Over recent years legislation and national policy in Scotland (such as the Land Reform (Scotland) Act 2003 and the joint Scottish Government/ COSLA Community Empowerment Action plan of 2009) has recognised the importance of, and been developed to support, strong, independent and resilient communities - empowered communities.
Community ownership of assets has been identified as having a role to play in this through inspiring people, creating opportunities and potentially transforming communities by helping them respond to these challenges by taking even greater control of land and buildings where they live. In communities across the country local people are concerned about losing locally valued assets and associated services - from inner-city community centres to parks, libraries and town halls. At the same time councils and other public bodies are facing intense financial pressure, resulting in the need to maximise the use of publicly-owned land and buildings, or dispose of them and the associated costs, wherever possible. Transferring an asset to a suitable community organisation can enable a redundant public building to thrive again or turn a marginal public service in to a viable community service.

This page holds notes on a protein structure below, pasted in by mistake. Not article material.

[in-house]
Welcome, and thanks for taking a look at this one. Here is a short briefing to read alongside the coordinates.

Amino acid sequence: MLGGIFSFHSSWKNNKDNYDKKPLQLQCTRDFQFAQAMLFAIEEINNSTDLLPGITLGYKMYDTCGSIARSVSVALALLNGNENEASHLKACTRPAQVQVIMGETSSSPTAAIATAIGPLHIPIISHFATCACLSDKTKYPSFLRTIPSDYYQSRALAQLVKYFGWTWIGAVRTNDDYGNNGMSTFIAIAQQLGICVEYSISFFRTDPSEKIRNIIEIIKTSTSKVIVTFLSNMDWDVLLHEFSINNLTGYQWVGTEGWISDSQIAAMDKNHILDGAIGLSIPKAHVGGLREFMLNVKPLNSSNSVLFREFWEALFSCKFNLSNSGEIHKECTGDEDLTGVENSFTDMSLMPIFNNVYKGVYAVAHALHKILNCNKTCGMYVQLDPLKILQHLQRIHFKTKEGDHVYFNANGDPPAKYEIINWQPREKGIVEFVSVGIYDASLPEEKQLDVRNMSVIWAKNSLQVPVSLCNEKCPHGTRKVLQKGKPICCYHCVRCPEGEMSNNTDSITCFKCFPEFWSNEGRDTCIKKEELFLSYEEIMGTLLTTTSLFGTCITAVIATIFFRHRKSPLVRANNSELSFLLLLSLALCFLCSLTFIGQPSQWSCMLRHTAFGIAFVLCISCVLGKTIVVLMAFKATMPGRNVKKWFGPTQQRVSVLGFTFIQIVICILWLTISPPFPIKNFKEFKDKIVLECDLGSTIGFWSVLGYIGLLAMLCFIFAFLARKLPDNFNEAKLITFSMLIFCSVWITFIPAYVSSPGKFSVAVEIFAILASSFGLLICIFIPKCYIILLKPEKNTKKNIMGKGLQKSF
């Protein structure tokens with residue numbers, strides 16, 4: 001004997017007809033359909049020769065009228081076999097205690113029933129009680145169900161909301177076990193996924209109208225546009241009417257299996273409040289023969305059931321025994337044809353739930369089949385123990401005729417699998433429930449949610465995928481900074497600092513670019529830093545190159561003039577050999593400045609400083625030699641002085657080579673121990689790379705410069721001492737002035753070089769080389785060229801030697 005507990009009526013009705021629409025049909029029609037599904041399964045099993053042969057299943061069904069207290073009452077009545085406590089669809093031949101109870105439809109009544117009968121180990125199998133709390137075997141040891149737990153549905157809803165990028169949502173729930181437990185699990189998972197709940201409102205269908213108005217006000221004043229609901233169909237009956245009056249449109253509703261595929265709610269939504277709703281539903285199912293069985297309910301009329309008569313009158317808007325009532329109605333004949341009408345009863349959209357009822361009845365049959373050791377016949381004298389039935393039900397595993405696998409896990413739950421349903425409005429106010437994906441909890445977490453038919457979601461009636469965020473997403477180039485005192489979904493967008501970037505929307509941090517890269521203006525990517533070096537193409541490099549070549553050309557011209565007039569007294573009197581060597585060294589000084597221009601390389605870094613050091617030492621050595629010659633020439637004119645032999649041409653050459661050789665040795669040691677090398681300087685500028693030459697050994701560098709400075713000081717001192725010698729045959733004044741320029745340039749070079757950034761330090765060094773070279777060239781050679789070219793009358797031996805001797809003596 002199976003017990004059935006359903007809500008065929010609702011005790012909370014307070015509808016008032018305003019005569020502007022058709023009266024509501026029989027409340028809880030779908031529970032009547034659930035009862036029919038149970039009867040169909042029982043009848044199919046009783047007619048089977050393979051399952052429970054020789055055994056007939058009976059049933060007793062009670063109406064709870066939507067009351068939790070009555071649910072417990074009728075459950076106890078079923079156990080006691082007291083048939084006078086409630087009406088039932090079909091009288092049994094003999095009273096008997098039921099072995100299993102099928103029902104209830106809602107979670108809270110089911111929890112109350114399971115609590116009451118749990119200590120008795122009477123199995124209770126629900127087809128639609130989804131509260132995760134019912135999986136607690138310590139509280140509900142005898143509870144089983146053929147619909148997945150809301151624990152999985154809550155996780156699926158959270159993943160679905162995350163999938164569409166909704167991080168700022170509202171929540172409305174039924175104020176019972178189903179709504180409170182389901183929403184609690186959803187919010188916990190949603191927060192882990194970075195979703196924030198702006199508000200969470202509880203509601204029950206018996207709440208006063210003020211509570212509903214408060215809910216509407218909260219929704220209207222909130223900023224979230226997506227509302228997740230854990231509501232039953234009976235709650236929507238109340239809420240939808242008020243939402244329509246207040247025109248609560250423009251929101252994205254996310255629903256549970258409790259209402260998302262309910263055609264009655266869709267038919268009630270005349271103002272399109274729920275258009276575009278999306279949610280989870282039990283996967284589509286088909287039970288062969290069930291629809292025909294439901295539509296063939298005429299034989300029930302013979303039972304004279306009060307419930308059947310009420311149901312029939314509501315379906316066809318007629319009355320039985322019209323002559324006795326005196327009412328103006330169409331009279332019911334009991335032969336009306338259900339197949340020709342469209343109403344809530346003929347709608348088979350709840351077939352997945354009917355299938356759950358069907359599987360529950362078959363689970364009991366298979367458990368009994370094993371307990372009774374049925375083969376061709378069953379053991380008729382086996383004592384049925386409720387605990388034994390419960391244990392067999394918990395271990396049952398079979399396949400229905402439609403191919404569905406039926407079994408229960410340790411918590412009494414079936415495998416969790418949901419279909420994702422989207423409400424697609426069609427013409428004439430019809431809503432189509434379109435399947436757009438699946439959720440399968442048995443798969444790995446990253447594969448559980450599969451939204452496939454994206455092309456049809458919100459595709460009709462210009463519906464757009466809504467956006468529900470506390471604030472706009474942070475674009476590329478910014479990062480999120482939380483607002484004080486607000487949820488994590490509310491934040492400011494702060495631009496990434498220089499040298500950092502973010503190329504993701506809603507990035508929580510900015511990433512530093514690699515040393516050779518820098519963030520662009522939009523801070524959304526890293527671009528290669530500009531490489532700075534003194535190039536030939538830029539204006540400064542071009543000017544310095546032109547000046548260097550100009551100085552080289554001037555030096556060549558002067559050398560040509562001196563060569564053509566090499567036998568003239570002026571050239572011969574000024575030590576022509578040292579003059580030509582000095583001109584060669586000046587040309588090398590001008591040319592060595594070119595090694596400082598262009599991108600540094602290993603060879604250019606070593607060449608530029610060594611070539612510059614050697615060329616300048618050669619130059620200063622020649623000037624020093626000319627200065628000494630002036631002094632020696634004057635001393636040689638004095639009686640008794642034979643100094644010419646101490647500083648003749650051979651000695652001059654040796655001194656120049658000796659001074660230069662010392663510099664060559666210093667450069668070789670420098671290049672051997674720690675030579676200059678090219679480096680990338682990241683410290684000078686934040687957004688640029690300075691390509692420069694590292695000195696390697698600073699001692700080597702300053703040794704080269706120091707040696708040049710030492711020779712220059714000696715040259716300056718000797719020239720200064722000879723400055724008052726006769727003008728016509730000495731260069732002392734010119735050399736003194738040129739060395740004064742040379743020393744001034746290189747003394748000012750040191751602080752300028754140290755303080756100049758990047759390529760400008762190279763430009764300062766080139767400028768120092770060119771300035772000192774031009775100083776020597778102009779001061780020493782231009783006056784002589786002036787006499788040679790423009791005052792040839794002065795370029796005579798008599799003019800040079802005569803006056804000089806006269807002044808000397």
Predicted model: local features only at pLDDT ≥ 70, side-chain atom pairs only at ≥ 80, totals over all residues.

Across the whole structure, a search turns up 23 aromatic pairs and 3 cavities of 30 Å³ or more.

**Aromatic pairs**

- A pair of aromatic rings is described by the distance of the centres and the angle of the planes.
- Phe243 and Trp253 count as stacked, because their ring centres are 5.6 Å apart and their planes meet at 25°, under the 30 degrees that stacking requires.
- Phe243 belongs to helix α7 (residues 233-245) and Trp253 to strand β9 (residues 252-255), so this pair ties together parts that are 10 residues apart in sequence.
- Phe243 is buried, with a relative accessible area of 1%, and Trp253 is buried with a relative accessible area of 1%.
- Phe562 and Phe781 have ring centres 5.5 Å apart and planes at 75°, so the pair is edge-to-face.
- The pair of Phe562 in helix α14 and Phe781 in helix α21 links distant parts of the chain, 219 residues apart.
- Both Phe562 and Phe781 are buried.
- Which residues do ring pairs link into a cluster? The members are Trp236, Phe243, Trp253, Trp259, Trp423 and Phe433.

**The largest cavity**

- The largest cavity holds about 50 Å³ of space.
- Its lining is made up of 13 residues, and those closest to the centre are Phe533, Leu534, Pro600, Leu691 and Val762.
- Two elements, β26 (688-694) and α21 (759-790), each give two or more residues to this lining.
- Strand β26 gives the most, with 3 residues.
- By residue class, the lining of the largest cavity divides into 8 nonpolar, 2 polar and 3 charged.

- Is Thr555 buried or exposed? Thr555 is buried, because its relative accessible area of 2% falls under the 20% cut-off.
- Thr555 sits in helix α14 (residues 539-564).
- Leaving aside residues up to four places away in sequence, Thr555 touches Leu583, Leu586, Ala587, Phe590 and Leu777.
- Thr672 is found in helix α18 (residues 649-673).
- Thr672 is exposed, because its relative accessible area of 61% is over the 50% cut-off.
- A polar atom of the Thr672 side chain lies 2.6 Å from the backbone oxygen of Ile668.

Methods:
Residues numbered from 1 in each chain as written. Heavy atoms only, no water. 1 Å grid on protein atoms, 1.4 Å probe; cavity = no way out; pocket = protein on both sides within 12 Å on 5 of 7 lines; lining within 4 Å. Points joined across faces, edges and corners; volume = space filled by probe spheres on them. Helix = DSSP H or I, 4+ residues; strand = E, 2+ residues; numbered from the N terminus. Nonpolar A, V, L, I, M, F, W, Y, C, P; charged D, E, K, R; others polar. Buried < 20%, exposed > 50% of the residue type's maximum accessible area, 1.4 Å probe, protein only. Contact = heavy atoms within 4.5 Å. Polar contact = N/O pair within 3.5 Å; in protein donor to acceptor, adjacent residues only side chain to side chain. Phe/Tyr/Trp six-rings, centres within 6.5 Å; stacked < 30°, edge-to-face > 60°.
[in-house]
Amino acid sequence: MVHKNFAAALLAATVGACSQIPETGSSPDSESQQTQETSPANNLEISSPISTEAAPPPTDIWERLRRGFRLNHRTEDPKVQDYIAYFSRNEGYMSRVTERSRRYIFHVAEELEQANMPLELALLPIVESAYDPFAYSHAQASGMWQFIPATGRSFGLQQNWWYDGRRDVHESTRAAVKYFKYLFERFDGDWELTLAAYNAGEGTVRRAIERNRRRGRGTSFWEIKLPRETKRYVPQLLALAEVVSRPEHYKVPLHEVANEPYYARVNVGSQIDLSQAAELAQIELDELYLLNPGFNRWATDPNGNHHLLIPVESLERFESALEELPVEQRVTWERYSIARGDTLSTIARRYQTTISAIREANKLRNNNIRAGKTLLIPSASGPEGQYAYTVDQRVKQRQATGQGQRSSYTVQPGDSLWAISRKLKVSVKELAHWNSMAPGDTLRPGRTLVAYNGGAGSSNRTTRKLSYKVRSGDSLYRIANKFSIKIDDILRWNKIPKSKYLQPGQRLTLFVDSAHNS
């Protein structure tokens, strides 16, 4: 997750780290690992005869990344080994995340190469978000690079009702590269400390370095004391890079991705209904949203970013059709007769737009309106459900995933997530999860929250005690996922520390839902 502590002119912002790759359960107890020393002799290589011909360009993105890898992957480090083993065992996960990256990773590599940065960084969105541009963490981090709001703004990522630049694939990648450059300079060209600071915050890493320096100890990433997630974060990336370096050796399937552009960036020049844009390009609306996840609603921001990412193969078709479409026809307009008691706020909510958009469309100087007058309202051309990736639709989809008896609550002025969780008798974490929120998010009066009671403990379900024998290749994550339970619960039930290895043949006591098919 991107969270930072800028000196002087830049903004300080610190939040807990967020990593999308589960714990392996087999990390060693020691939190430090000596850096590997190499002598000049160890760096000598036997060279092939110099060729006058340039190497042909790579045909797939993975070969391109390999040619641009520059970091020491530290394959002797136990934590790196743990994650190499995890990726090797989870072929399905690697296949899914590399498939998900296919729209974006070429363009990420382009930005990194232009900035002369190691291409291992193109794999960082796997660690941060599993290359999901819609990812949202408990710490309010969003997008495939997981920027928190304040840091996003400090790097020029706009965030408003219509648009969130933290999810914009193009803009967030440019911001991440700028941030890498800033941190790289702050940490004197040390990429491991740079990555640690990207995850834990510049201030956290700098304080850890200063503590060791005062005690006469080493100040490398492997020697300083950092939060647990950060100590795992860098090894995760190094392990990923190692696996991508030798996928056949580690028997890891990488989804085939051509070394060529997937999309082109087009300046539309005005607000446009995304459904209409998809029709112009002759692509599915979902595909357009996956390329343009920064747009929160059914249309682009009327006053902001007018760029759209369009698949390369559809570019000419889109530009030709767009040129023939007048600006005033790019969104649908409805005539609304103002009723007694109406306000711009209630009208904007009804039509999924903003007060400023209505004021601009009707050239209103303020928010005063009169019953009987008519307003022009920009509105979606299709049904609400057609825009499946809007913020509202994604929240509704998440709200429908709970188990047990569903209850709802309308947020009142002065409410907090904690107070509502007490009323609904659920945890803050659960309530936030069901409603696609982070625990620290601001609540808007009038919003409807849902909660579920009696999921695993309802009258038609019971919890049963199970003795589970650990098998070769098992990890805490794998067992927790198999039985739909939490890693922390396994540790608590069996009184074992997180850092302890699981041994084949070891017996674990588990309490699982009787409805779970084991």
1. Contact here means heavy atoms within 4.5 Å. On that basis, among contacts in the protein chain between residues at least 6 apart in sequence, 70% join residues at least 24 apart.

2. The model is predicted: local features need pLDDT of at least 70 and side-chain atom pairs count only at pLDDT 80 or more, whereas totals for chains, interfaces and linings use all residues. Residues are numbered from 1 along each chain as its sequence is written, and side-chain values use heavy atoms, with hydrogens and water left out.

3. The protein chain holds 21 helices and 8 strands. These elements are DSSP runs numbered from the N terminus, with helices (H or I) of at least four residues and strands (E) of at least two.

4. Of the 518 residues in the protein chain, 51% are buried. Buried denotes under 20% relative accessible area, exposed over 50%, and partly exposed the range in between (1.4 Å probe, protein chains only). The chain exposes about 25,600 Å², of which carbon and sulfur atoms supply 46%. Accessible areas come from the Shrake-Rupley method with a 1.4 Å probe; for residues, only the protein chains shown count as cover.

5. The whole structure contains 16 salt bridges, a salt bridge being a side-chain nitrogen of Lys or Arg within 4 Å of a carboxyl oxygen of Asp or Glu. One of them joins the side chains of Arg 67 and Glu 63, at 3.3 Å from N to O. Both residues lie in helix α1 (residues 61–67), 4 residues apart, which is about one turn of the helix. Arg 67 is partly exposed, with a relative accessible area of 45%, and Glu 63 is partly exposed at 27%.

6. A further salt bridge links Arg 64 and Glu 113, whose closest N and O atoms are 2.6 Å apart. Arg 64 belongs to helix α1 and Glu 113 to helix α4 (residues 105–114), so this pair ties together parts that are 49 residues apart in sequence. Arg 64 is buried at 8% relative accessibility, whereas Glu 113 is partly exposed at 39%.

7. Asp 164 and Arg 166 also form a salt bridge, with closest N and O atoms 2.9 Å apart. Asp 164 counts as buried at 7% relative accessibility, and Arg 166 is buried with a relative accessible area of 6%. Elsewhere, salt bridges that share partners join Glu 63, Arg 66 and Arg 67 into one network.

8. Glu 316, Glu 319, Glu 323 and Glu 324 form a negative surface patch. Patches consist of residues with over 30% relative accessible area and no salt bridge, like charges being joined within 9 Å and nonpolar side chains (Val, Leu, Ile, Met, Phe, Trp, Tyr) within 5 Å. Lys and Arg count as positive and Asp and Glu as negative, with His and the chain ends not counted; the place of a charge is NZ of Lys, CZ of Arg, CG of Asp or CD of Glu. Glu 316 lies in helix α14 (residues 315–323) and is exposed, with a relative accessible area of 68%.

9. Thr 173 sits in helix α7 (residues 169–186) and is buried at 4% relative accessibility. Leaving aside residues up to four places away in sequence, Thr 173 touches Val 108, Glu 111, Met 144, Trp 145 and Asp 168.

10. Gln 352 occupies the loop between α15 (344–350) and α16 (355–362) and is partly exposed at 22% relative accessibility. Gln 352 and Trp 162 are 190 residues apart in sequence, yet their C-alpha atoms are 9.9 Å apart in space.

The Disposal of Land by Local Authorities (Scotland) 2010 Regulations facilitated the drive for asset ownership. These regulations give discretionary powers to local authorities to dispose of land, buildings or associated rights such as sporting, riparian (land bordering a body of water) or mineral rights to community organisations at less than best financial consideration, without reference to the Minister, provided a local authority is satisfied that they are achieving “best value” through economic, regeneration, social, environmental or health benefits.
The Disposal of Land Regulations can still be used as an option to transfer assets to community groups without using legilsation under the Community Empowerment (Scotland) Act 2015
The 2015 Act introduces a right for community bodies to make requests to all local authorities, Scottish Ministers and a wide-ranging list of public bodies (relevant authorites), for any land or buildings they feel they could make better use of. They can request ownership, lease or other rights, as they wish. The Act requires those public authorities to transparently assess requests against a specified list of criteria, and to agree the request unless there are reasonable grounds for refusal.